James Delingpole, author

“Don’t worry, we’ll take things very carefully and bring him back in one piece,” Jane Spencer promised my wife, somewhat rashly, I thought.

Jane was talking on the eve of my first proper day’s hunting — in “Monday country”, with the Pytchley — and like most non-hunting spouses, the Fawn (as she’s known) wasn’t looking forward to the prospect one bit.

It’s not that the Fawn is anti-hunting. Her mother — quite rightly — thought that it was the greatest sport on earth and before she died she ceremonially handed down to me her cherished hunting whip.

But the Fawn knows what hunting is like and, worse, knows what I’m like: reckless, impetuous, irresponsible, immature, hopeless. As I demonstrated only the other week when I broke our daughter’s ankle.

I’ll spare you the ugly details. Suffice to say that it was a riding injury and as the parent supposedly in charge at the time, I got all the blame. It could hardly have happened at a more inconvenient moment — the day before school started and, worse, the beginning of the autumn hunting season.

How in God’s name was I to persuade the Fawn that riding isn’t dangerous when we had such strong evidence to the contrary, stomping round the house with her boot and crutches and being as bolshie as only a hobbled female teenager can?

Anyway, to my first proper hunt. I say “proper” because although I’ve been out one or two times over the years — once, with the Devon & Somerset staghounds, just before the ban, for an article in The Sunday Times; once with the Cotswold for a TV documentary in praise of toffs — I’ve only ever done the really important bit, the jumping bit, by accident.

Jumping petrifies for me, because though I’ve been riding on and off since I was a cold, reluctant eight-year0-old (“Ianto. T-rot!”), horses aren’t in my blood and I never did Pony Club or anything proper like that.

Plus I’m getting on: 50 this year. It’s not the getting hurt I fear but what the Fawn would do. If I got myself injured my life wouldn’t be worth living. Frankly I’d be better off dead.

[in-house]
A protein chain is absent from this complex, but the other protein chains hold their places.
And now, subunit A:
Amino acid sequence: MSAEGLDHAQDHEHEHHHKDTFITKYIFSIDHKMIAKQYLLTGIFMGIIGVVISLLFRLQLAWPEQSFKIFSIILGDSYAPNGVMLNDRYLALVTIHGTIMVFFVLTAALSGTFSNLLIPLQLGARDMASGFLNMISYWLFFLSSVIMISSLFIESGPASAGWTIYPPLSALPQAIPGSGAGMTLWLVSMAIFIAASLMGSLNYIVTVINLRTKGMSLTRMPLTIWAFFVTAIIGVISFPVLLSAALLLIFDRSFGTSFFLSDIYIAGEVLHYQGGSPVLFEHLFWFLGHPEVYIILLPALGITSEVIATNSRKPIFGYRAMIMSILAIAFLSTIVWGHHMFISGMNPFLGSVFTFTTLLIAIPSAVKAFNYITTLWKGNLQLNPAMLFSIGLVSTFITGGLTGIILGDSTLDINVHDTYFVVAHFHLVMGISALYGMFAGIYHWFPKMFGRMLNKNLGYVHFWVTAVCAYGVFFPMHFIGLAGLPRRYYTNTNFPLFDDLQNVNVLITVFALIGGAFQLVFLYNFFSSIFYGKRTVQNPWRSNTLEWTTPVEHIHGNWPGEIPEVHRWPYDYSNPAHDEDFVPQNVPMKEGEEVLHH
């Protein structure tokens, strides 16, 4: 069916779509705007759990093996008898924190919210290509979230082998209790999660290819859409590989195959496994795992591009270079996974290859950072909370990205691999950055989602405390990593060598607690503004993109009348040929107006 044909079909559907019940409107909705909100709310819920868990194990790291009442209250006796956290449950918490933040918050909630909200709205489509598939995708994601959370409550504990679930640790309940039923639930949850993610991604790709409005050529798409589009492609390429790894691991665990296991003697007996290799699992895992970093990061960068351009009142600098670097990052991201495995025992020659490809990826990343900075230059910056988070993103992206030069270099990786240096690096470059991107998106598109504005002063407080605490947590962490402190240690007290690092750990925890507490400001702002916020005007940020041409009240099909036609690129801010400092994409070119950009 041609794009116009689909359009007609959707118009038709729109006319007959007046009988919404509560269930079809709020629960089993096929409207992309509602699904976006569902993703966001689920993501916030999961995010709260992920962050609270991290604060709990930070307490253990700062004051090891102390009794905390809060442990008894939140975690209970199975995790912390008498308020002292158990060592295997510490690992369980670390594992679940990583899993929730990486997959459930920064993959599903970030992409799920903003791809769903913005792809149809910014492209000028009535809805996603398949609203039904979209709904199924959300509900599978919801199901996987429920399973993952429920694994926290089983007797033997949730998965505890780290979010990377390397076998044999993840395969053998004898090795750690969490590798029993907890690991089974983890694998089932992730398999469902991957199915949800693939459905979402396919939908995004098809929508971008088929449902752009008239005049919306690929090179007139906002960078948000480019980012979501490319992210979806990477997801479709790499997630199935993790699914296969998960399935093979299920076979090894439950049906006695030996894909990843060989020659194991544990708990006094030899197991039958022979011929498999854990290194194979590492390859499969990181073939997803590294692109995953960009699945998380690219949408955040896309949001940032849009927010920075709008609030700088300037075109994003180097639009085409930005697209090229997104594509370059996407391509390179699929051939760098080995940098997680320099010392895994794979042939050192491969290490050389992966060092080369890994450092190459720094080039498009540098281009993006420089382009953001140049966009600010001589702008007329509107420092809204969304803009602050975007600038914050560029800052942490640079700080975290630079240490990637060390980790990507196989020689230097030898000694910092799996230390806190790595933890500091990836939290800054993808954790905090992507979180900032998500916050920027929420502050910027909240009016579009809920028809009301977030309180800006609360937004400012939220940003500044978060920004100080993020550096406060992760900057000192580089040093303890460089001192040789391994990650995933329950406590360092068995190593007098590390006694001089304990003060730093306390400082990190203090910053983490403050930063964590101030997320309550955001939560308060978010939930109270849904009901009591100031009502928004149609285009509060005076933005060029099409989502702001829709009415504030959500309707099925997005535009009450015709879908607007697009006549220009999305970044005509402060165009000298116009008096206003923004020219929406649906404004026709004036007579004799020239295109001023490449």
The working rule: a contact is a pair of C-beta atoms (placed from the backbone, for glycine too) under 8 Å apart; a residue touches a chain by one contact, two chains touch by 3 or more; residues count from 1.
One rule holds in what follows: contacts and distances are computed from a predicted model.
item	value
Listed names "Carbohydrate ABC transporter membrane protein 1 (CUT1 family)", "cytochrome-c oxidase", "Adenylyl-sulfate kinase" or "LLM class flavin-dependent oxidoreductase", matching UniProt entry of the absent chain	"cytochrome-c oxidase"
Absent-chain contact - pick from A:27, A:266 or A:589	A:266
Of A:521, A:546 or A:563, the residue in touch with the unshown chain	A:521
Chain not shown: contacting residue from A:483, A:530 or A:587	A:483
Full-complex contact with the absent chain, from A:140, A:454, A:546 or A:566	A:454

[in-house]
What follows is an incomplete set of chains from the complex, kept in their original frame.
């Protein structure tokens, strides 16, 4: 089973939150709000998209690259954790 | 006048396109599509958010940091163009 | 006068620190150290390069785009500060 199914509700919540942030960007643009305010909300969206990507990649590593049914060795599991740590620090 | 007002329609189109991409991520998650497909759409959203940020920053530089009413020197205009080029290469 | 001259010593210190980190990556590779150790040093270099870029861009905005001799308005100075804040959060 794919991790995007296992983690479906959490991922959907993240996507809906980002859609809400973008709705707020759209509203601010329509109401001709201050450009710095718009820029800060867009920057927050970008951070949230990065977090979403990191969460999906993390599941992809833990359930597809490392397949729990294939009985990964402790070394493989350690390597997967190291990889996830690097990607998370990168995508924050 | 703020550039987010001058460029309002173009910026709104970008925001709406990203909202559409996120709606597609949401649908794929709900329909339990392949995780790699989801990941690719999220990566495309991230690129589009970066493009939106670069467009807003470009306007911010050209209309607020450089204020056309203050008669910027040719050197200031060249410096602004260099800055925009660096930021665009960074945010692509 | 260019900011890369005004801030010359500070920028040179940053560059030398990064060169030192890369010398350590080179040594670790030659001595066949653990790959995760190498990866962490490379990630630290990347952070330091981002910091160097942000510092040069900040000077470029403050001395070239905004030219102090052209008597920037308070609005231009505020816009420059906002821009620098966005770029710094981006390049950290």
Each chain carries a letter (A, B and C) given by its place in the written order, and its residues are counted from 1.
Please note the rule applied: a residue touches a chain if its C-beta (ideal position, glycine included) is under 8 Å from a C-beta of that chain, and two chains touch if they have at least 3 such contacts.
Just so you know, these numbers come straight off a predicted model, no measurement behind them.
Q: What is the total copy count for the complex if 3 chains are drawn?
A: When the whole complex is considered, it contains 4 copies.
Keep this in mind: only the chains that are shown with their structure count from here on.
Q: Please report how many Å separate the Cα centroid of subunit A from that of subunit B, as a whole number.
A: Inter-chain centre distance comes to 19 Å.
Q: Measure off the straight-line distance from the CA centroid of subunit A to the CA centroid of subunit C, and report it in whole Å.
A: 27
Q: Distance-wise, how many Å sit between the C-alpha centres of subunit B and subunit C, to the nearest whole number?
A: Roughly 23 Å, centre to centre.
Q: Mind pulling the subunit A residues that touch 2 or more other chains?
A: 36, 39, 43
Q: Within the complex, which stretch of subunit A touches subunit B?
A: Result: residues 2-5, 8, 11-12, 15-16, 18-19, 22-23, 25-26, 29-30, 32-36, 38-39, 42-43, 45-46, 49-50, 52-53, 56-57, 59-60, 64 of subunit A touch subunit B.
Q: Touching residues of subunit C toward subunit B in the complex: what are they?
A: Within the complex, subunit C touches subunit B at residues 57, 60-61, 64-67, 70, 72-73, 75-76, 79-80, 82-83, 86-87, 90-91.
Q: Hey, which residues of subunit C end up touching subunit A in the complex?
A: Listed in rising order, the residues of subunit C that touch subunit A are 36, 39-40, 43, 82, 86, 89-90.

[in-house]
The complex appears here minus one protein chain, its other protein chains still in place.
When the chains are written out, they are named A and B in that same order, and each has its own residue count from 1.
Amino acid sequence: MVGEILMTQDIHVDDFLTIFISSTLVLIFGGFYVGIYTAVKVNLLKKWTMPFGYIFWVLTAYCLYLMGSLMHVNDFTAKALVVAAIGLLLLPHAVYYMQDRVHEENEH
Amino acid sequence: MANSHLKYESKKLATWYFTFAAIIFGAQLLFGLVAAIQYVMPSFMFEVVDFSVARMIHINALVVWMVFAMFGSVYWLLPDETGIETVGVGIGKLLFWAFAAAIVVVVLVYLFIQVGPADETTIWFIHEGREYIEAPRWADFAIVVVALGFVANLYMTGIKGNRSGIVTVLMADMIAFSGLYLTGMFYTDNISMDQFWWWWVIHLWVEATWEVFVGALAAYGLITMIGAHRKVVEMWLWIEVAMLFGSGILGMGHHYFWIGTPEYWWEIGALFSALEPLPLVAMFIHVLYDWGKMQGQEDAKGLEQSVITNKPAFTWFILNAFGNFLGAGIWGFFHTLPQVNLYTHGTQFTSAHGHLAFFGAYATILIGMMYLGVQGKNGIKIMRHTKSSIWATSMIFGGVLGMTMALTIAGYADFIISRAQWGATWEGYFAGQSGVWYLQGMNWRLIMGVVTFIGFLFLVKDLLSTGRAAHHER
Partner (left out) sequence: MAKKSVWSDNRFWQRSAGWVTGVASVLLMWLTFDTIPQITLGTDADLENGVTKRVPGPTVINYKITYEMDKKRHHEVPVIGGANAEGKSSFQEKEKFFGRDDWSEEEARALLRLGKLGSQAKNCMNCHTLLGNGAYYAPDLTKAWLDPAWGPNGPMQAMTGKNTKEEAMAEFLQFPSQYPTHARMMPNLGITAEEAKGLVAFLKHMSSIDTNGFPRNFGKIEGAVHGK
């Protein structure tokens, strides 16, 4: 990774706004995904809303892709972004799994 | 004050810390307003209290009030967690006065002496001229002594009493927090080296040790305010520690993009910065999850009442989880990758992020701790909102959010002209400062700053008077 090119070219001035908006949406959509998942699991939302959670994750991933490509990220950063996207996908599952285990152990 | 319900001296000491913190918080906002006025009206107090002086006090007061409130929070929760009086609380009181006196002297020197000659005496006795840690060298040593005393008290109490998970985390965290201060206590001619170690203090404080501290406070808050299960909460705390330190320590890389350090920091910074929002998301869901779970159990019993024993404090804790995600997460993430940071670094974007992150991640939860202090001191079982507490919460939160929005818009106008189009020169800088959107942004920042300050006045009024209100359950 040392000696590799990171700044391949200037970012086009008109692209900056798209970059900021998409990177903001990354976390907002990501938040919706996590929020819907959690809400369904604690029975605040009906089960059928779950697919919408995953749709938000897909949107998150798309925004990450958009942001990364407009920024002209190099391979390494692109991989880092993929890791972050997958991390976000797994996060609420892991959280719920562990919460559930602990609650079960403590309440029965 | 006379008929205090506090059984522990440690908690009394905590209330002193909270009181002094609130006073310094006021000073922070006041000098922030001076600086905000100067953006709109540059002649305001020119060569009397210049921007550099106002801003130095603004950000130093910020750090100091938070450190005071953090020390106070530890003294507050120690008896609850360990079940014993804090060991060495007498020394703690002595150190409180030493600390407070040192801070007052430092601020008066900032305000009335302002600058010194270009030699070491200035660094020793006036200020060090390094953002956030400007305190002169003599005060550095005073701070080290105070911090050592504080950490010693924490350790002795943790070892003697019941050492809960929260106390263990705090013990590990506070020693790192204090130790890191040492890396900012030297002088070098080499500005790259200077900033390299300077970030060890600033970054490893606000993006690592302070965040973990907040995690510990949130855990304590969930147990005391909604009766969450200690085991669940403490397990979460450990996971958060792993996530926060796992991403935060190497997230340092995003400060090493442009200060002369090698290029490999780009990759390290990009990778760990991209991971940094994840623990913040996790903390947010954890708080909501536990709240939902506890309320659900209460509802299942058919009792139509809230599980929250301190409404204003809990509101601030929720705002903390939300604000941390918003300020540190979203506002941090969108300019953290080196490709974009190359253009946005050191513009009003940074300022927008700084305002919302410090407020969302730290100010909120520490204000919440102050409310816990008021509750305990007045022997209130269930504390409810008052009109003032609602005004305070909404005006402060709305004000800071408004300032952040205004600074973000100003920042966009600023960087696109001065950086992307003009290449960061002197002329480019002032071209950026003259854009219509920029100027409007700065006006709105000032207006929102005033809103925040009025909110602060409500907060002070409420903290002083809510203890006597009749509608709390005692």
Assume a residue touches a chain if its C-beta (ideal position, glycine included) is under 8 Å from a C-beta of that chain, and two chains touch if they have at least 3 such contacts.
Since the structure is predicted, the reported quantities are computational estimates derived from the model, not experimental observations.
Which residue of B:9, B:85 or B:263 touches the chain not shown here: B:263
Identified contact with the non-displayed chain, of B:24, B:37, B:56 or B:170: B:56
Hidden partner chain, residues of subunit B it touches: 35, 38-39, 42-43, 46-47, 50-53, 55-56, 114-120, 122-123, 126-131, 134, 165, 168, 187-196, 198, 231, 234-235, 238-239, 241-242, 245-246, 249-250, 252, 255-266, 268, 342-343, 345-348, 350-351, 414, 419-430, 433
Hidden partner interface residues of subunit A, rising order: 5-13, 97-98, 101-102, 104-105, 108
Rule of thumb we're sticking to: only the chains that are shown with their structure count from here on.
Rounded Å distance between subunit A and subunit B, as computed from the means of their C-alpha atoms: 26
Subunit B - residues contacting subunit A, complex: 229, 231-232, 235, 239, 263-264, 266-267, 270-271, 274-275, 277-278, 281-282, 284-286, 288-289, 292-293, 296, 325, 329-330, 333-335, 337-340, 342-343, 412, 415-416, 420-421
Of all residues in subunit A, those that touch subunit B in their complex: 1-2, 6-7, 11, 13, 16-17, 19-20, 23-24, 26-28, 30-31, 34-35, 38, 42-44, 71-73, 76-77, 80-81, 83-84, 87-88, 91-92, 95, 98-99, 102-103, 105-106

So, very sensibly, Jane — who has been getting me hunt-ready at her Northants riding school over the last couple of years — insisted on taking things slowly.

First, she gave me a bomb-proof hireling — Eddie Stobart — who used to belong to the master so he knows what he is doing. Second, she forbade me from doing the tiger trap immediately as we set off and although I grumbled, she was right, for it was several riders’ undoing.

As indeed was the deceptively innocent-looking hedge that followed. It looked fine from the front but there was a big drop behind it: one poor girl said she had broken her hand as it thwacked into her saddle on landing.

Instead we took three post-and-rails in succession. Or rather Eddie did. I just pointed him, sat on top and let him do his stuff.

Isn’t it just the best thing when your mount takes care of you like this? None of that “will he, won’t he?” business I saw some other riders having to deal with as they approached their jumps.

Or am I being naive here?

We’ll find out soon enough because this marks the beginning of what I’m calling Mr Delingpole’s Sporting Tour. Like Surtees’s sporting hero, I suspect it might have to involve a degree of begging, borrowing and stealing because I too am skint. But very much unlike Soapey Sponge I haven’t yet mastered the art of horsemanship. Which could prove interesting.

Watch this space…

James

My first ‘proper’ hunt

Which pack: The Pytchley

Where: Walgrave, Northants

Country: Mainly gently rolling arable, with a tiger trap, one challenging hedge and about six post-and-rail hunt jumps.

Mount: Eddie Stobart; aged 10 (as he has been for several years, apparently); honest, wildly enthusiastic, a free sweater, bomb proof and I love him to bits.

Field: a friendly crowd of about 36, mostly around my age — including lawyers and an airline pilot — plus some girls on half term.

Best bits: surviving the various jumps.

Most surprising bit: watching Jane join the tumblers’ club in front of me, her first fall in five years. A fiver to the hunt please Jane.

Biggest mistake: not bringing my own booze: it’s antisocial swigging from other people’s flasks if you can’t reciprocate with some deadly anaesthetising concoction of your own.

Most vital lessons learned: trust your horse — he knows better than you; don’t bring along your mother-in-law’s hunting whip until you’re a better rider.

Other vital lesson: when squeezing through a narrow gap, hoick your leg out of your stirrup. Otherwise you’ll get your leg squashed. Thanks for the tip, Jane. Otherwise I’d be crippled now, just like my daughter, and that wouldn’t be popular.

PS – I’m keen to give credit, gratitude etc to all the hunts that host me. So please, if you’re happy to have your names in lights, just let me know and I will add accordingly!